Let’s face it; those who have a dairy operation must love what they do. But we are subject to the same marketing principles that apply to other industries: supply and demand.
Throughout our industry’s history, there have been many attempts to address this principle, including federal milk orders, herd buyouts, the Cooperatives Working Together (CWT) program and the market adjustment fee. These attempts to affect a closer balance in the issue surrounding supply and demand have had, at best, only short-term benefits for dairy.
The milk trends for the past 30 years tell a tale of our industry’s heritage. The highest milk prices paid to farmers were as follows: 1986 – $13.40 per hundredweight; 1996 – $16.50 per hundredweight; 2006 – $14.04 per hundredweight; and for the first quarter of 2016 – $15.55 per hundredweight. During this 30-year time frame, milk did escalate for a brief 26-month period to a fair market value just above the $20 per hundredweight range. Perhaps this escalation was due to the reduction of fluid milk from the CWT program.
Yet in comparison, pricing for a gallon of fluid milk is on the rise: 1986 – $2.22 per gallon; 1996 – $2.64 per gallon; 2006 – $3.08 per gallon; and 2016 – $3.30 per gallon.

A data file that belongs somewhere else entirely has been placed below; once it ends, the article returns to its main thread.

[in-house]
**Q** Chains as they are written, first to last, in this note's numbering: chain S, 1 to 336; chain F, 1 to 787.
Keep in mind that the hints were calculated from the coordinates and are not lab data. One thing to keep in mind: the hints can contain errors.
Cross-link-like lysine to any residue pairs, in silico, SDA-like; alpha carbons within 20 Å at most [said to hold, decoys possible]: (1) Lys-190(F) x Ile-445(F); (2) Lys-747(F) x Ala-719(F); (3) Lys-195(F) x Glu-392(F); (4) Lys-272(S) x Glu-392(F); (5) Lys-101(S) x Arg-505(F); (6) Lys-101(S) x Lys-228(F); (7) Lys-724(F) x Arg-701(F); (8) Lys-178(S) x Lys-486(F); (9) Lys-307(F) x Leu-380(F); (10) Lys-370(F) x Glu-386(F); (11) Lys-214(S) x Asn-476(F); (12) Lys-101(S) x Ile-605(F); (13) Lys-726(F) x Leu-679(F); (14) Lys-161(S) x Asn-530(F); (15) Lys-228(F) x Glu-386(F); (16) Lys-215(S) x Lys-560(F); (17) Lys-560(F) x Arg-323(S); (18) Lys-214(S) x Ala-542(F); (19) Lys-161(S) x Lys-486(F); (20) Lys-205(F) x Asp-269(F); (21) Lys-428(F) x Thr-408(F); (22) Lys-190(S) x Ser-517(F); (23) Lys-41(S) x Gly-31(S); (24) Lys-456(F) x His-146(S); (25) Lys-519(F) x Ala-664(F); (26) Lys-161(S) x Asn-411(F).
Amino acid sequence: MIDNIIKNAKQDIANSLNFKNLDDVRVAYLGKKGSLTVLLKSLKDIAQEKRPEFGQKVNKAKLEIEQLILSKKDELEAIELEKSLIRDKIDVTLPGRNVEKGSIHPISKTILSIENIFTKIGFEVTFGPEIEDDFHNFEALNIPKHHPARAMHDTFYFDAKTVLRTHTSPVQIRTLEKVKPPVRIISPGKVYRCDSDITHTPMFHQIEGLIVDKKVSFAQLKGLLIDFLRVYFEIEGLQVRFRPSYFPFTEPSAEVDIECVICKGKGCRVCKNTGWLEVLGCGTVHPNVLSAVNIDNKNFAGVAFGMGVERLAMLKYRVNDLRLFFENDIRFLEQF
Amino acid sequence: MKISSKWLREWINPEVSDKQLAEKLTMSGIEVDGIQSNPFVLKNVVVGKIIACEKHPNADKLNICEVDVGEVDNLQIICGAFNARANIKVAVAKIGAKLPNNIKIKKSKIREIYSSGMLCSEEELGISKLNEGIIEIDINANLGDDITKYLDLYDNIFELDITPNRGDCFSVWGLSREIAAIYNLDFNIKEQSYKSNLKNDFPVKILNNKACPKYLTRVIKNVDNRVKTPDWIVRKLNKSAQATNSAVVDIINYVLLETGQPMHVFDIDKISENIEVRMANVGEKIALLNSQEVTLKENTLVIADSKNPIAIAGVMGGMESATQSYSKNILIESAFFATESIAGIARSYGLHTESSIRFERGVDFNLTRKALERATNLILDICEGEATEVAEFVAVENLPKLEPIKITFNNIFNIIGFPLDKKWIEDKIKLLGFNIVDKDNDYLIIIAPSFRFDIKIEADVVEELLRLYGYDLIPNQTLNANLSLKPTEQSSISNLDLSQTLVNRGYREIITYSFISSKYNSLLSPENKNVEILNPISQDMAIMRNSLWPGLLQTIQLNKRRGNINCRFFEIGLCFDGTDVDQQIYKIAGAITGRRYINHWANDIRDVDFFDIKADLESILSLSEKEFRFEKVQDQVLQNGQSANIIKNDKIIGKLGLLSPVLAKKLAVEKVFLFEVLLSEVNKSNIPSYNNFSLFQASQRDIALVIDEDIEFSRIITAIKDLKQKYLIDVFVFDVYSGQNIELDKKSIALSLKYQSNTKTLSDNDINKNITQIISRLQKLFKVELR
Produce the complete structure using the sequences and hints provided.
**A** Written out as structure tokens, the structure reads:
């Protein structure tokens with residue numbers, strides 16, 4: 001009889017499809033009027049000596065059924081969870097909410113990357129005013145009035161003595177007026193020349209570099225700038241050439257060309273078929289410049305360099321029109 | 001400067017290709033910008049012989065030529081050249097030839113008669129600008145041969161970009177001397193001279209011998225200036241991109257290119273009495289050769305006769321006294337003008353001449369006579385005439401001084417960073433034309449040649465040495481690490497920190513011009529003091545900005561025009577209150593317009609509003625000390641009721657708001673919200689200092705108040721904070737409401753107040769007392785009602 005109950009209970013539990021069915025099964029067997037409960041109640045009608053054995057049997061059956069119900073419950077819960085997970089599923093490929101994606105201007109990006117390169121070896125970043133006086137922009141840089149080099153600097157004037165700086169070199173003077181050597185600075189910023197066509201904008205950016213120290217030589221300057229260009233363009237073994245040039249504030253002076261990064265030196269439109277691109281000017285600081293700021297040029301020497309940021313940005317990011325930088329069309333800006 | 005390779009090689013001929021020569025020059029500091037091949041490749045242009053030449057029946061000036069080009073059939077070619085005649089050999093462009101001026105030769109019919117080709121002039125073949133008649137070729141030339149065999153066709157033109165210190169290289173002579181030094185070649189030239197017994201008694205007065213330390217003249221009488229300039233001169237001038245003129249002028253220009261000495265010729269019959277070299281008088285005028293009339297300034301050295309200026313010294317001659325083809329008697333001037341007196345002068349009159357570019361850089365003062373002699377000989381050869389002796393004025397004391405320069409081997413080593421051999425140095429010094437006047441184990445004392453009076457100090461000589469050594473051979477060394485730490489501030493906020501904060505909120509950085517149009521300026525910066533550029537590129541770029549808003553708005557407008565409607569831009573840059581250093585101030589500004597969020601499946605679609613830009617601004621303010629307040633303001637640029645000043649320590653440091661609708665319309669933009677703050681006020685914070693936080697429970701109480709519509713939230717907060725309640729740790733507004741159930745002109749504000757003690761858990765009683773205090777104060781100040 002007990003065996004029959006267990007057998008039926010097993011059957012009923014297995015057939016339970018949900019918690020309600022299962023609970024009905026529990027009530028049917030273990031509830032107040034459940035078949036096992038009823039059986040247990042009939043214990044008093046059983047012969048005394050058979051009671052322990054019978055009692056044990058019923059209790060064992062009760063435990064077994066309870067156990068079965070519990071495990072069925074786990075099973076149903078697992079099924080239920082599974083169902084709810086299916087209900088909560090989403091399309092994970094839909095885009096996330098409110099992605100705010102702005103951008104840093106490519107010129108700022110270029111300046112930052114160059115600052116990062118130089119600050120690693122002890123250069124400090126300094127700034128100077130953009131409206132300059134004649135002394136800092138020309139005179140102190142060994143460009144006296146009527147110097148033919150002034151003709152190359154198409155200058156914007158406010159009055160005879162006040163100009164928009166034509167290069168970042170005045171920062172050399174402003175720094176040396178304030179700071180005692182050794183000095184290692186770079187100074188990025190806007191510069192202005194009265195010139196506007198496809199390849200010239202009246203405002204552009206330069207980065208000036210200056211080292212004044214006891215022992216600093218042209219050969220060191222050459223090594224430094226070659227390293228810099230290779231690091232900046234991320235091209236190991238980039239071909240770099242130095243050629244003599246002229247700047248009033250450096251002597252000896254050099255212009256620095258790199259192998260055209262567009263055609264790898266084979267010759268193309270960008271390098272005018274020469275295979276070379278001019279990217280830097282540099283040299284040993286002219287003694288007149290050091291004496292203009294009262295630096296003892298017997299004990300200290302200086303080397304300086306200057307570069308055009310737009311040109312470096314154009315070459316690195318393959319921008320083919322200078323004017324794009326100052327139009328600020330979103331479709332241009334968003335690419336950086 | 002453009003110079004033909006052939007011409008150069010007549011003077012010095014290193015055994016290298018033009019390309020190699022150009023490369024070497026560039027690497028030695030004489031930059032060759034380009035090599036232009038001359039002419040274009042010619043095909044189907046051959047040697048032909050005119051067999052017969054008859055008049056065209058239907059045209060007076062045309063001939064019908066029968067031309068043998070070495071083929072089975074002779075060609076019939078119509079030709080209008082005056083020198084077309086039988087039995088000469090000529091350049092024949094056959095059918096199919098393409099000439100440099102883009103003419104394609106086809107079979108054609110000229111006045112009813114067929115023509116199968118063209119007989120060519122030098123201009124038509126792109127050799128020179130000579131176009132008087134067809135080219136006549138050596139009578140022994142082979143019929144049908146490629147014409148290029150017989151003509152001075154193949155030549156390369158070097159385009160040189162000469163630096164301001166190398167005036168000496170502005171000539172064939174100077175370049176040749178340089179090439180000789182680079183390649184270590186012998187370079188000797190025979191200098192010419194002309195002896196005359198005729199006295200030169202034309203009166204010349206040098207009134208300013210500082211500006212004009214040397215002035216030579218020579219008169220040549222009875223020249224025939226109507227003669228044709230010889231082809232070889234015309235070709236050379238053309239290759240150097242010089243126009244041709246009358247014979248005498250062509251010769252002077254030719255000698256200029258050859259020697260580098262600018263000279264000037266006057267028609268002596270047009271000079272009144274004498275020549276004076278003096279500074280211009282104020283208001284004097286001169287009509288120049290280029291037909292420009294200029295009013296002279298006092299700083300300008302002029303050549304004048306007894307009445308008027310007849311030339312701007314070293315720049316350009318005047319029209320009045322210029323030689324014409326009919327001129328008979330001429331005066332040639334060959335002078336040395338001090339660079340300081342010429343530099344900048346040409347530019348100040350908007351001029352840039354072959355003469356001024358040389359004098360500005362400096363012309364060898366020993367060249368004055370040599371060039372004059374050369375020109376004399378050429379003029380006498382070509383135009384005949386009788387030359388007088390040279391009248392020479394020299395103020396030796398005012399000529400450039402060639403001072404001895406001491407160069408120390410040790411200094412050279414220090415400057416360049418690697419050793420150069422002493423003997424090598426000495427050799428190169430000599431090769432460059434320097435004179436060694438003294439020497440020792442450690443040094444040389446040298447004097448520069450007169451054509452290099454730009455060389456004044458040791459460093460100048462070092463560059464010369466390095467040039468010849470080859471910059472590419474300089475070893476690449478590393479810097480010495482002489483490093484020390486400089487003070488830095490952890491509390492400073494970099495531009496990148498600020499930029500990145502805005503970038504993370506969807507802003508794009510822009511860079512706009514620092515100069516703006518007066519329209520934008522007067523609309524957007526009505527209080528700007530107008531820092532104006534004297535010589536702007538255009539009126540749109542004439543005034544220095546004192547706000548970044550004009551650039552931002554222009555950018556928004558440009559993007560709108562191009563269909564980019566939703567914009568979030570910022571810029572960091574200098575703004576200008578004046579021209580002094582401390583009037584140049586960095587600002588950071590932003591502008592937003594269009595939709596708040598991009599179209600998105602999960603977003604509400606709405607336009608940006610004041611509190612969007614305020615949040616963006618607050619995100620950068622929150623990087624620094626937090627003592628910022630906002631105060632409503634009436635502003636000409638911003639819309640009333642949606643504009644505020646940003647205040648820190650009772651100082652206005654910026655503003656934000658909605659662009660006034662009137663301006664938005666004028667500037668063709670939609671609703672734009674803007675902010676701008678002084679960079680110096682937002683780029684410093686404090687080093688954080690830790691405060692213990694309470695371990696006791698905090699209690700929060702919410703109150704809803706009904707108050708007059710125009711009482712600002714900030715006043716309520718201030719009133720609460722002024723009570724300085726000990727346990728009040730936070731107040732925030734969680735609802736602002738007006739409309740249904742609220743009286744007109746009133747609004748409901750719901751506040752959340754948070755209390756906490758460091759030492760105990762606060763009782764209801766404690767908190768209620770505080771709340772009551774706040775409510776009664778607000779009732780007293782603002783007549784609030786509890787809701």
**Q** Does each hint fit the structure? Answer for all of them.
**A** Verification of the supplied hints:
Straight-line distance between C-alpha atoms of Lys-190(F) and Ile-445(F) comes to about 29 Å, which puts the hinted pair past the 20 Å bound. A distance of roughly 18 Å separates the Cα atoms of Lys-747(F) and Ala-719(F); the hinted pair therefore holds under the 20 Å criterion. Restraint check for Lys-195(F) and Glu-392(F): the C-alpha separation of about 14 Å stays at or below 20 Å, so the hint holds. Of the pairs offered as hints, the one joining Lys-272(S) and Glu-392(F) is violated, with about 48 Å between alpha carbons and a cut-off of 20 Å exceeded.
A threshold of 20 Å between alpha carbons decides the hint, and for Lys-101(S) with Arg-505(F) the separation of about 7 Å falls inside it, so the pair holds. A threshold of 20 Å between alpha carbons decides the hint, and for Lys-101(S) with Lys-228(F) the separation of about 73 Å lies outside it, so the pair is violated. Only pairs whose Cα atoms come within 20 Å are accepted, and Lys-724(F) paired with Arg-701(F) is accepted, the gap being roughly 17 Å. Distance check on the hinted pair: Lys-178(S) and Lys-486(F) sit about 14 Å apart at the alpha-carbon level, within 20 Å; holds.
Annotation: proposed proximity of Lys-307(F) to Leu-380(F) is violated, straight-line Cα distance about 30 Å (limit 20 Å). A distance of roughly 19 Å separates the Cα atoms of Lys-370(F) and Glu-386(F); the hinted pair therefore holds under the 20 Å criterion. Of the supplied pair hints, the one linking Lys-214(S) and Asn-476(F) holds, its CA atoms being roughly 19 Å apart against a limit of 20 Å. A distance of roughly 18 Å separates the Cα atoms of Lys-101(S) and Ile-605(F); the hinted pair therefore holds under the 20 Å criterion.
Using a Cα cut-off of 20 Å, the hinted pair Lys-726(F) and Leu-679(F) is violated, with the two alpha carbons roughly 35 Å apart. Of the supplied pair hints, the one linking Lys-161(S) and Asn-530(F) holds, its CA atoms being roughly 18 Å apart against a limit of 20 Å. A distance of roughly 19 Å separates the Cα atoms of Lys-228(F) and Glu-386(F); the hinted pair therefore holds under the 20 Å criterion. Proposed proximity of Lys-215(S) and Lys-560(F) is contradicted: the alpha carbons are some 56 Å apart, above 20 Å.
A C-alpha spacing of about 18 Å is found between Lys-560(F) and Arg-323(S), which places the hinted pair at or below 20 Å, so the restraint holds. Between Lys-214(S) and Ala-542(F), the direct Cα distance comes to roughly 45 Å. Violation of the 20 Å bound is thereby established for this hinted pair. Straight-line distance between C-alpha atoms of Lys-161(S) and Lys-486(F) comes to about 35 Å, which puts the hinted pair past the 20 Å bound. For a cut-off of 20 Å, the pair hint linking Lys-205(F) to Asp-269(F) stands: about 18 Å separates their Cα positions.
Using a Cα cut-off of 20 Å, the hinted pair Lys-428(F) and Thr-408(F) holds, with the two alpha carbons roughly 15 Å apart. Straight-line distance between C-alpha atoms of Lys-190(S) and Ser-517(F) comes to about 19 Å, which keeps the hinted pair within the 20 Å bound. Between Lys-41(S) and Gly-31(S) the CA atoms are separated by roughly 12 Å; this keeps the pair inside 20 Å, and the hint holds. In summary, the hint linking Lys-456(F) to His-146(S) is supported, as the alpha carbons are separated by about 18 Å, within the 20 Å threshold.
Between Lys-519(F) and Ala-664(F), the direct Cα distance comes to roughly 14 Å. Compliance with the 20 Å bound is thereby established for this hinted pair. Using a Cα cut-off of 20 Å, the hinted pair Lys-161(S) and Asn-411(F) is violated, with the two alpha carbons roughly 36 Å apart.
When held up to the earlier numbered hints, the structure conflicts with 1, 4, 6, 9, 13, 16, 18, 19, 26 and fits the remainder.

Today, we all face the same challenge, in a unique marketing scenario with non-dairy competitive products. Our cooperatives have tried to move our excess production, but our prices stay depressed. Can we, the dairy farmer, help in this endeavor? Yes, we can, with a nationwide effort to stop the surplus. We can leave the 3 percent of the current surplus on the farm.
Simple math allows our co-ops to determine the percentage of excess milk. The milk truck driver then applies that percentage to the total pounds in the tank each day and leaves those pounds on the farm for farm use or disposal. In this way each farm sacrifices their contribution to the oversupply. As the percentage values of excess milk go up or down, the percentage values are adjusted to reflect the surplus.
In this hypothetical scenario, the equalization of the supply to the demand should result, with time, in a better price for our product. This type of program, if effective, can then be implemented as a permanent part of our marketing strategy.
Table 1 demonstrates the scenario and the probable benefits as applied.
Dairy cooperatives were born from the need of farmers to create a more successful market for their milk. In that spirit, we, as members, must also contribute by being willing to do what is required according to marketing needs. If our dairy cooperatives do not have the remedy, then perhaps we can suggest that they implement a “leave the three” program. It just may benefit our dairy industry. PD
Cathy Vogl farms with her husband in Harrington, Delaware.